Field methods for sampling tree height for tropical forest biomass estimation

Martin J.P. Sullivan*, Simon L. Lewis, Wannes Hubau, Lan Qie, Timothy R. Baker, Lindsay F. Banin, Jerôme Chave, Aida Cuni-Sanchez, Ted R. Feldpausch, Gabriela Lopez-Gonzalez, Eric Arets, Peter Ashton, Jean François Bastin, Nicholas J. Berry, Jan Bogaert, Rene Boot, Francis Q. Brearley, Roel Brienen, David F.R.P. Burslem, Charles de Canniere & 29 others Markéta Chudomelová, Martin Dančák, Corneille Ewango, Radim Hédl, Jon Lloyd, Jean Remy Makana, Yadvinder Malhi, Beatriz S. Marimon, Ben Hur Marimon Junior, Faizah Metali, Sam Moore, Laszlo Nagy, Percy Nuñez Vargas, Colin A. Pendry, Hirma Ramírez-Angulo, Jan Reitsma, Ervan Rutishauser, Kamariah Abu Salim, Bonaventure Sonké, Rahayu S. Sukri, Terry Sunderland, Martin Svátek, Peter M. Umunay, Rodolfo Vasquez Martinez, Ronald R.E. Vernimmen, Emilio Vilanova Torre, Jason Vleminckx, Vincent Vos, Oliver L. Phillips

*Corresponding author for this work

Research output: Contribution to journalArticleAcademicpeer-review

16 Citations (Scopus)

Abstract

Quantifying the relationship between tree diameter and height is a key component of efforts to estimate biomass and carbon stocks in tropical forests. Although substantial site-to-site variation in height-diameter allometries has been documented, the time consuming nature of measuring all tree heights in an inventory plot means that most studies do not include height, or else use generic pan-tropical or regional allometric equations to estimate height. Using a pan-tropical dataset of 73 plots where at least 150 trees had in-field ground-based height measurements, we examined how the number of trees sampled affects the performance of locally derived height-diameter allometries, and evaluated the performance of different methods for sampling trees for height measurement. Using cross-validation, we found that allometries constructed with just 20 locally measured values could often predict tree height with lower error than regional or climate-based allometries (mean reduction in prediction error = 0.46 m). The predictive performance of locally derived allometries improved with sample size, but with diminishing returns in performance gains when more than 40 trees were sampled. Estimates of stand-level biomass produced using local allometries to estimate tree height show no over- or under-estimation bias when compared with biomass estimates using field measured heights. We evaluated five strategies to sample trees for height measurement, and found that sampling strategies that included measuring the heights of the ten largest diameter trees in a plot outperformed (in terms of resulting in local height-diameter models with low height prediction error) entirely random or diameter size-class stratified approaches. Our results indicate that even limited sampling of heights can be used to refine height-diameter allometries. We recommend aiming for a conservative threshold of sampling 50 trees per location for height measurement, and including the ten trees with the largest diameter in this sample.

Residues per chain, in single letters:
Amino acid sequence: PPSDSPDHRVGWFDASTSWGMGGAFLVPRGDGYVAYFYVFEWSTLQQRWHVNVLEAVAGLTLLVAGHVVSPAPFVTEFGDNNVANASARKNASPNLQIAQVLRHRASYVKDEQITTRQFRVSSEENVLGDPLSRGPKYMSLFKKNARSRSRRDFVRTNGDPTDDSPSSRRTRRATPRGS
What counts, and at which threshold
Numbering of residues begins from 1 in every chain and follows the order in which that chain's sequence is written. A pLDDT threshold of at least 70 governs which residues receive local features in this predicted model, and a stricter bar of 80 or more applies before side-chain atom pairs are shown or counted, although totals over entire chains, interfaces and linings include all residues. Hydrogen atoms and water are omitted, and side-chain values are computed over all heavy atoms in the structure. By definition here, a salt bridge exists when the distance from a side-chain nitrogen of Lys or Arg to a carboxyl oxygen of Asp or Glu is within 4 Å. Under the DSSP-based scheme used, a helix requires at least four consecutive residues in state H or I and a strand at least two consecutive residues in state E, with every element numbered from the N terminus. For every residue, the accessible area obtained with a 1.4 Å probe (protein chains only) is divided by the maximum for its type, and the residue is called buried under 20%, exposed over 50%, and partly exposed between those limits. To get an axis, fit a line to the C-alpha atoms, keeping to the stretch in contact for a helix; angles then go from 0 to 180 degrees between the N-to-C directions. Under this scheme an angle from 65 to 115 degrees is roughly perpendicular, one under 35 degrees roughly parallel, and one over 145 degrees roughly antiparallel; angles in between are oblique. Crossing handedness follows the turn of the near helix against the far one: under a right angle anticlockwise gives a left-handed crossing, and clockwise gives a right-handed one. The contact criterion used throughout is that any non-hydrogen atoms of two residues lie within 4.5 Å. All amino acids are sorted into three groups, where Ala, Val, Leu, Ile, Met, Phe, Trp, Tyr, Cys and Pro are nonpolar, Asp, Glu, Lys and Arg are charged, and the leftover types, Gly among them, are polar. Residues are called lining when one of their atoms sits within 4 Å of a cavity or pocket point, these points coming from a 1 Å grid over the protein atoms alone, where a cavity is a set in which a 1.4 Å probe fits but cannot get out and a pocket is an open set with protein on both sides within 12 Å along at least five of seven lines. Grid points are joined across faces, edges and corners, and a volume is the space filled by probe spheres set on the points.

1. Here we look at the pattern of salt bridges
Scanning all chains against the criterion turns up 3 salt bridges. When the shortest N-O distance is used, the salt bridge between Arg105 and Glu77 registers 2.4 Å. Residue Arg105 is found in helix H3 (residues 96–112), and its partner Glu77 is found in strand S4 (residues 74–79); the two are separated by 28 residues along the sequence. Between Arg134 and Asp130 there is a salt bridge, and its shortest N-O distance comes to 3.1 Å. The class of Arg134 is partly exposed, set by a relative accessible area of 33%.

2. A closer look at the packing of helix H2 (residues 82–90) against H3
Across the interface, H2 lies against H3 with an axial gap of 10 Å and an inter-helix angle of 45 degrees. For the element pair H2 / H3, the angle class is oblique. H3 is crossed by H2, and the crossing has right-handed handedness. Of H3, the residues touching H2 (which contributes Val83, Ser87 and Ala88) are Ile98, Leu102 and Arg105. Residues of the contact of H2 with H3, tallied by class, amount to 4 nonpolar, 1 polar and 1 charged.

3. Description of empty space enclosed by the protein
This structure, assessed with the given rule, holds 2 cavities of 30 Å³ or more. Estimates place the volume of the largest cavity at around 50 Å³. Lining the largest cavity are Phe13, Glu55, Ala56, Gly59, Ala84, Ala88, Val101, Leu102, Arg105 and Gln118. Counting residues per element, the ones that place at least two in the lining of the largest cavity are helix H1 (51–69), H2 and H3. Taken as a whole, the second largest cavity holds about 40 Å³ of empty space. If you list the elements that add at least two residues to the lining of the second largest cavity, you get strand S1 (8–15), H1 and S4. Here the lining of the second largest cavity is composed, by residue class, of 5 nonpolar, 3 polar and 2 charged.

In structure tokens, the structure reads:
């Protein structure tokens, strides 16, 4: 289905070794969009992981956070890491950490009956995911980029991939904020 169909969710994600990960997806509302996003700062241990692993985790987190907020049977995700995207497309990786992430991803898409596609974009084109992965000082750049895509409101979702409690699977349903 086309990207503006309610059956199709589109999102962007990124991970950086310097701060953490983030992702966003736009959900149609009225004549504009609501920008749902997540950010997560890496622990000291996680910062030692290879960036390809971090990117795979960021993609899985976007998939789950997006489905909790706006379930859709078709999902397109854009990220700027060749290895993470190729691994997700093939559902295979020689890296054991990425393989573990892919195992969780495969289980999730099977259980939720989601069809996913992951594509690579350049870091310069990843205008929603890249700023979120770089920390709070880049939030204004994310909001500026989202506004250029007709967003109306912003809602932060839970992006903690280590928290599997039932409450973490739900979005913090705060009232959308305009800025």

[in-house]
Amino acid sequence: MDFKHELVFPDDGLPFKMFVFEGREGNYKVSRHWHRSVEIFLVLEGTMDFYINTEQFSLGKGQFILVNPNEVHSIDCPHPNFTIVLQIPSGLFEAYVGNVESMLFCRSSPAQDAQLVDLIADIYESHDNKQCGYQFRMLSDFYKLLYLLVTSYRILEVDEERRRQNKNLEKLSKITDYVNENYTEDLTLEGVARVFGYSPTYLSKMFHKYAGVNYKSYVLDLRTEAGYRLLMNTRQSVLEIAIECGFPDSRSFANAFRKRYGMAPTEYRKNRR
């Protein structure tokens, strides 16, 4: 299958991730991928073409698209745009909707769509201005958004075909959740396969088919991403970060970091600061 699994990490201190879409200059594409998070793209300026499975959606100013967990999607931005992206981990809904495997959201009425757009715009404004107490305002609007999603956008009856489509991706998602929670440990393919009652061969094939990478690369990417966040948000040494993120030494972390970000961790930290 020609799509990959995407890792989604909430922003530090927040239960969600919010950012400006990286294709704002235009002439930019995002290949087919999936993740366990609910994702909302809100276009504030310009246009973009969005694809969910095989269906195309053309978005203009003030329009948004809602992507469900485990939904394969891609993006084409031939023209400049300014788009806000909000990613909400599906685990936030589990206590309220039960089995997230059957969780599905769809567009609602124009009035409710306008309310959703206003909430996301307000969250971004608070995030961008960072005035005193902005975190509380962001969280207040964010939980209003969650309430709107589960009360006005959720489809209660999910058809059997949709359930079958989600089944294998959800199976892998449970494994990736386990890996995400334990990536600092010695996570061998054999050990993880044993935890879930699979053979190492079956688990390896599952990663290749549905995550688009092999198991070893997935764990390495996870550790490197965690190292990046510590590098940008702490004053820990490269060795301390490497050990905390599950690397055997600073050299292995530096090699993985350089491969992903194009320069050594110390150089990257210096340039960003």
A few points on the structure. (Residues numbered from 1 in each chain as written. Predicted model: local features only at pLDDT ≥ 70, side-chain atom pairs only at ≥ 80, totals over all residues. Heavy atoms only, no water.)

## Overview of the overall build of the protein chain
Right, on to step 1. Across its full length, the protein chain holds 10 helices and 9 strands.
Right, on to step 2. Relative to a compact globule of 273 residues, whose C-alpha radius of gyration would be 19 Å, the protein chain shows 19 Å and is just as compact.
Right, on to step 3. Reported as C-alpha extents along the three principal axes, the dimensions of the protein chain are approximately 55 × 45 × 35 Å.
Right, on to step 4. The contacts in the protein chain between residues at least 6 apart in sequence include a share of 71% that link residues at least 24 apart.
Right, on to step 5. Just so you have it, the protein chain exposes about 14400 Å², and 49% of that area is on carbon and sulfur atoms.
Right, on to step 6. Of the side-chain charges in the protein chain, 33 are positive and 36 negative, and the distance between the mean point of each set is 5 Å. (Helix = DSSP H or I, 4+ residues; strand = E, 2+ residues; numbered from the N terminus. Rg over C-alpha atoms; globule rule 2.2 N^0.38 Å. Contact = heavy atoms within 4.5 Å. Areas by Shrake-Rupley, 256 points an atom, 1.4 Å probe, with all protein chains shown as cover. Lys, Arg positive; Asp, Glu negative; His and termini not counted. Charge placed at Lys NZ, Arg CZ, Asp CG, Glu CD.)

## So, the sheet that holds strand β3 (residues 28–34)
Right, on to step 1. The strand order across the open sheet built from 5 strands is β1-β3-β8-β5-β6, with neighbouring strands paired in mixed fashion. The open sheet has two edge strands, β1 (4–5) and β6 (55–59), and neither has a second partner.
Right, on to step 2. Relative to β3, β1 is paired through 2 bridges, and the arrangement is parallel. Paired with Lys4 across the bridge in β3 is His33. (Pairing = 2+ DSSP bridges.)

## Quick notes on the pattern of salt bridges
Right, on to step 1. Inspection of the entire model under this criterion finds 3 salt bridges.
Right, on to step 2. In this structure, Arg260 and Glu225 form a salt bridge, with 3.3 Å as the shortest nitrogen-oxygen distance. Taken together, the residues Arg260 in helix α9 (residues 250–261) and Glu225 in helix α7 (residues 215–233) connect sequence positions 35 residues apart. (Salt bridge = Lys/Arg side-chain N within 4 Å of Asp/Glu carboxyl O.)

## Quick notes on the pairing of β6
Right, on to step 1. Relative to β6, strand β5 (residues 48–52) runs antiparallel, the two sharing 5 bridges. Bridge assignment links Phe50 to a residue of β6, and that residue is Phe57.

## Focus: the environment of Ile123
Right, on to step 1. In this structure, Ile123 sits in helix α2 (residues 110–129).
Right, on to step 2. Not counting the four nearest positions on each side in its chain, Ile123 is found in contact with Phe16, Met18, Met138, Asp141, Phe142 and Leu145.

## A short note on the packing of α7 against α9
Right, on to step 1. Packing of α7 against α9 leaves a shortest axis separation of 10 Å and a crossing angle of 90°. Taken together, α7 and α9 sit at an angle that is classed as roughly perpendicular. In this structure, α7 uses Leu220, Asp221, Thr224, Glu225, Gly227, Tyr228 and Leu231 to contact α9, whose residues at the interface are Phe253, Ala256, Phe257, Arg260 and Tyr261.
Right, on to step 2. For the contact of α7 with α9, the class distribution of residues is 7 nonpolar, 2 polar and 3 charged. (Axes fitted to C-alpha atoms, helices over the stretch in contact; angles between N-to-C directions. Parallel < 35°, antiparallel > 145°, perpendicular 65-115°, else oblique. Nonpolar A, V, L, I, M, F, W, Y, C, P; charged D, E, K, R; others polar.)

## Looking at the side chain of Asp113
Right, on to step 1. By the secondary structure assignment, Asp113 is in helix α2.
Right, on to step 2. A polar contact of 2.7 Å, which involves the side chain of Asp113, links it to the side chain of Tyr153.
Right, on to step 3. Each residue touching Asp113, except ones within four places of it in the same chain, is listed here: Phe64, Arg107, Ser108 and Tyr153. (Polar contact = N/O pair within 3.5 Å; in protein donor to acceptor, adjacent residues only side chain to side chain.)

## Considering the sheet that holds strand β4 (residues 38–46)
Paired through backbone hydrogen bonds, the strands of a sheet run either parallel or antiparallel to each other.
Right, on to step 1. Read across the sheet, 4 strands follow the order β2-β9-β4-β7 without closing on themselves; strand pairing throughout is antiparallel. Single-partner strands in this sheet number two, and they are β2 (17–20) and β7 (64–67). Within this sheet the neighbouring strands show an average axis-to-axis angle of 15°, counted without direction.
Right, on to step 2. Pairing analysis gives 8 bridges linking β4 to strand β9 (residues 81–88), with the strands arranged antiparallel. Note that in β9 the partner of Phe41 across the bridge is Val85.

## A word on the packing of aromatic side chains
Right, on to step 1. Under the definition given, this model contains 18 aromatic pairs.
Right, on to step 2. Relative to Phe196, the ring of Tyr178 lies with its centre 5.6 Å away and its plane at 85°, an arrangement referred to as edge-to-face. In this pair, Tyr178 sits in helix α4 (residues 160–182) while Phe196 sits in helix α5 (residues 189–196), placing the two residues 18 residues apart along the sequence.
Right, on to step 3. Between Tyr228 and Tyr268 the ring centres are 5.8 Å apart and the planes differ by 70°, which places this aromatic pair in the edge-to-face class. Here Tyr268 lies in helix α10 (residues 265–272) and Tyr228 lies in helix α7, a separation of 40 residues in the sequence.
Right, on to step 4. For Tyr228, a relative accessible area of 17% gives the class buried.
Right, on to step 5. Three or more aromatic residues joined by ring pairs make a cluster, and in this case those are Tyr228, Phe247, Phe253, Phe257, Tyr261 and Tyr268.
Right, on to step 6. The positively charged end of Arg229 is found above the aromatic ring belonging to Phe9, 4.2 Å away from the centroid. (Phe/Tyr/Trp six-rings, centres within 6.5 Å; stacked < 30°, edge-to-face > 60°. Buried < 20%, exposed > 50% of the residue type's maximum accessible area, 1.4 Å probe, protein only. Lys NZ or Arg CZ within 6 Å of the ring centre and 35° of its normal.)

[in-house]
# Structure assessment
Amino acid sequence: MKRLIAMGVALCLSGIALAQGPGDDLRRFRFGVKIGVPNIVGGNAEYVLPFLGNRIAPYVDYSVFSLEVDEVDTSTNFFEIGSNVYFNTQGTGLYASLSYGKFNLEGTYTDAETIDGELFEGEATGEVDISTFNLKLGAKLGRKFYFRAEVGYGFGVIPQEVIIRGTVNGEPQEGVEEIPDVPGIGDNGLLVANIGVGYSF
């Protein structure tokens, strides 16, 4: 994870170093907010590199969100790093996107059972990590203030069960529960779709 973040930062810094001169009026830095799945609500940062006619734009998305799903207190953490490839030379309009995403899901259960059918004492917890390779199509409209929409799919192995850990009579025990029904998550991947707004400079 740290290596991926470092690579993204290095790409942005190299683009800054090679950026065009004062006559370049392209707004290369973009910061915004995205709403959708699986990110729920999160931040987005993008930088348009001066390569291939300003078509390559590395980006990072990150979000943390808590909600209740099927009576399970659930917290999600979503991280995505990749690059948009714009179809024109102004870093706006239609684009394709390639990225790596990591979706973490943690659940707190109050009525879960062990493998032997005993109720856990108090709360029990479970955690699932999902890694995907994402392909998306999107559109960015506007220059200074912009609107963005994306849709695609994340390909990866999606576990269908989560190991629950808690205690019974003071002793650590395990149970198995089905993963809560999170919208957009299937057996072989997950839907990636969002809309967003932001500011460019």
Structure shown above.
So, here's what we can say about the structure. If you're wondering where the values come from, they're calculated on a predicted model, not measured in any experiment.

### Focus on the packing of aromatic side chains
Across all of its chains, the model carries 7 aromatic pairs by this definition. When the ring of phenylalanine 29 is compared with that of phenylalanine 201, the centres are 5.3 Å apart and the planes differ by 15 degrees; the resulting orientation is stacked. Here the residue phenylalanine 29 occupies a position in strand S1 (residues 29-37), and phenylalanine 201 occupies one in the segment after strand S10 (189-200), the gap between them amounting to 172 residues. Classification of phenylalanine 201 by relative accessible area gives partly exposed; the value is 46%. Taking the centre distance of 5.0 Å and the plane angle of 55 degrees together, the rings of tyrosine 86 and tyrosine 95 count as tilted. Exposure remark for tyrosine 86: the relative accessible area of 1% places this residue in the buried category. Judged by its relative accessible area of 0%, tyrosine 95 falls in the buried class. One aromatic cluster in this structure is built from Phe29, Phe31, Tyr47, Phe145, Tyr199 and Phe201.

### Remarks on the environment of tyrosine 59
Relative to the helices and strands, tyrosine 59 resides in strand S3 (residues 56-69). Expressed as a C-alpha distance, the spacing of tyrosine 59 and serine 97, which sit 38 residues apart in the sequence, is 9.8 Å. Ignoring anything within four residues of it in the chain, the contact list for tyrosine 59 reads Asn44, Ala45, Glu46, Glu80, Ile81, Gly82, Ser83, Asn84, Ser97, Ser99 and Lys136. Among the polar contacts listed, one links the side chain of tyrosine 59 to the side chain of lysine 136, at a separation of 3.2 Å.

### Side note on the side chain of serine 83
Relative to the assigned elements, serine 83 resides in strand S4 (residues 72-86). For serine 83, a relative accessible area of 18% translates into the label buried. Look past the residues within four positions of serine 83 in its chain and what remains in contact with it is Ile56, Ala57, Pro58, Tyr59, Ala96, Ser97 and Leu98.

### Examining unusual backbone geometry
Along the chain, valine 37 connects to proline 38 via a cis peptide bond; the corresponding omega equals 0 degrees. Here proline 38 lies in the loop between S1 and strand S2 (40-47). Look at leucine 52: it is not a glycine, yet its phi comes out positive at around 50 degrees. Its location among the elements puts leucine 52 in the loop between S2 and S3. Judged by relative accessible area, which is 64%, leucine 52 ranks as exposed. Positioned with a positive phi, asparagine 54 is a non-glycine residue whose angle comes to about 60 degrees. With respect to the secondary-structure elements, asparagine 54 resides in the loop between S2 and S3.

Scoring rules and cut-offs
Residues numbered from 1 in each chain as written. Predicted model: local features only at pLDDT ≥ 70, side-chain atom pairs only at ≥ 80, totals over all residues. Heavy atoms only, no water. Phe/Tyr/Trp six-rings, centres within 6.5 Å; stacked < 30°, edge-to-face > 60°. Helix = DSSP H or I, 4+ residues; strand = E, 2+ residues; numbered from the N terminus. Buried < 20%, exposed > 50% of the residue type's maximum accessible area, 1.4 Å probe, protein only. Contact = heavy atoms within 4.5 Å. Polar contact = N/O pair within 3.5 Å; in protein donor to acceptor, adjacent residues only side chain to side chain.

Original languageEnglish
Pages (from-to)1179-1189
JournalMethods in Ecology and Evolution
Volume9
Issue number5
Early online date2018
DOIs
Publication statusPublished - May 2018

Fingerprint

field method
tropical forests
tropical forest
biomass
sampling
allometry
methodology
tree and stand measurements
prediction

Keywords

  • Above-ground biomass estimation
  • Allometry
  • Carbon stocks
  • Forest inventory
  • Forest structure
  • Sample size

Cite this

Sullivan, M. J. P., Lewis, S. L., Hubau, W., Qie, L., Baker, T. R., Banin, L. F., ... Phillips, O. L. (2018). Field methods for sampling tree height for tropical forest biomass estimation. Methods in Ecology and Evolution, 9(5), 1179-1189. https://doi.org/10.1111/2041-210X.12962